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Theatre Journal 54.3 (2002) 520-521

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Book Review

Women, Theatre and Performance:
New Histories, New Historiographies

Women, Theatre And Performance: New Histories, New Historiographies. Edited by Maggie B. Gale and Viv Gardner. Women, Theatre and Performance Series. Manchester: Manchester University Press, 2000; pp. 256. $74.95 cloth, $24.95 paper.

Women, Theatre and Performance: New Histories, New Historiographies is the first volume in a planned series of edited essay collections replacing the journal Women and Theatre Occasional Papers and devoted to selected themes relating to women, theatre, and performance. This first volume is primarily British-centered, with seven of the twelve contributors based at British universities and eight of the essays concerned partly or entirely with British theatre and/or the work of British or British-based playwrights. The majority of the essays center on late-nineteenth and/or twentieth-century topics, and while the title might suggest an interest in non-theatrical performance, the essays are mostly concerned with theatre and drama. Three interesting exceptions are by Susan A. Rutherford, who argues for a positive revaluation of the role of muse as it was fulfilled by German soprano Wilhemine Schröder-Devrient in relation to Richard Wagner; Susan Carlson, who touches on the "performativity" (209) of "politically progressive" yet "socially conservative" (201) journalistic suffrage drama as it "helped to shape the thinking of the day" (209); and Catherine Schuler, who makes reference to the enforced sexual performances that were part of the common experience of actresses in Russian serf theatre.

In a short introduction, editors Gale and Gardner reject what Jill Davis has described as "'the bravura theoretical display [that] is not untypical in feminist theatre scholarship of the past decade'" (2) and assert instead their intention to pursue "what might loosely be called a 'materialist' [historiographic] position" and to "concentrate on the retrieval and analysis of data, the observation and documentation of performance and theatrical text" (2). This anxious opposition of history to theory, reminiscent of earlier days in feminist theatre studies, is an unfortunate start to a volume devoted to new histories, and historiographies. A more appropriate starting point might have been Susan Bennett's "Theatre History, Historiography and Women's Dramatic Writing," the only contribution to the collection that is concerned with general historiographic principles and with "deconstruct[ing] and revision[ing]" (57) "what gets called theatre history" (50) rather than examining particular dramatic texts, historical figures, and practices.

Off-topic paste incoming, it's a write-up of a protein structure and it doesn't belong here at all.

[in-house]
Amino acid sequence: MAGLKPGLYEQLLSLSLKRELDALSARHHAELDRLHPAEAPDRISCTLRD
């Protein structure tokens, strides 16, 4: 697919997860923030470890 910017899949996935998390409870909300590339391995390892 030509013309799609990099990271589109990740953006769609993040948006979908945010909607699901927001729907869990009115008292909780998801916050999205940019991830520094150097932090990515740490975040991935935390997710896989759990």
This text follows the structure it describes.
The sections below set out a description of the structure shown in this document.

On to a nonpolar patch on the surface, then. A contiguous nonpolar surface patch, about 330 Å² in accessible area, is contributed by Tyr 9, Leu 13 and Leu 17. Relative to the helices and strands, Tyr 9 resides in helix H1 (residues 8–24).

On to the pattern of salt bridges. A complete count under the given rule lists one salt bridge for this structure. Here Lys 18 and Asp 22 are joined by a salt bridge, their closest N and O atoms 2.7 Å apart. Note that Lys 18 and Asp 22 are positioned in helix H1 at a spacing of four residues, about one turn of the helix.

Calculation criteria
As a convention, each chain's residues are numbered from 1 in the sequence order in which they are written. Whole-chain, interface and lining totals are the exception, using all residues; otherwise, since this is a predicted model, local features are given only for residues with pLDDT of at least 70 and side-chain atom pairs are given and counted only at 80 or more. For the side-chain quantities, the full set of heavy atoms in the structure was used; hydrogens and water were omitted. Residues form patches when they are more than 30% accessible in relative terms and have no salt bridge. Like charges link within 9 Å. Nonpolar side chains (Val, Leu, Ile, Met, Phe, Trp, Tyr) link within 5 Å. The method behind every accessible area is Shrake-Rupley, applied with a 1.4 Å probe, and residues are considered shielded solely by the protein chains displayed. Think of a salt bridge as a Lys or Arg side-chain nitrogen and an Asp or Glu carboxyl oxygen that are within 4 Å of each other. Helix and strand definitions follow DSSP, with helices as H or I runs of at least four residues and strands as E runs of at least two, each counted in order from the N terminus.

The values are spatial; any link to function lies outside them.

Surprisingly, however, Bennett's essay is third in the volume, preceded by contributions by Jacky Bratton on Susanna Centlivre and by Gardner on urban geography and middle-class female spectatorship in late nineteenth- and early twentieth-century London. This sort of puzzling placement is characteristic of the ordering of the volume as a whole. Gale and Gardner state in their introduction that they "[seek] to disturb the notion of progression . . . by juxtaposing historical and contemporary subjects" (5), but though they suggest relationships among small clusters of essays, they do not assign section titles to suggest to readers how the essays are thematically or methodologically related. As a result, as with the first three by Bratton, Gardner, and Bennett, it is not always clear why one essay follows another. Bennett's essay might as effectively have functioned as a sort of conclusion, but instead the collection finishes with Schuler's "The Gender of Russian Serf Theatre and Performance," an interesting essay in its own right but not one that seems generally to invite new histories [End Page 520] and historiographies in the way that Bennett's does.

While many of the essays are concerned with recovering the work of neglected or forgotten playwrights and theatre practitioners, there is not a lot that is strikingly "new" here in terms of methodology and theory, despite the editors' promise. John Stokes's contribution serves as a case in point: somewhat misleadingly titled "Memories of Madame Arnould Plessy: Henry James Re-stages the Past," Stokes's essay is less concerned with James's view of Plessy per se than with establishing her position in the history of French acting through a careful...


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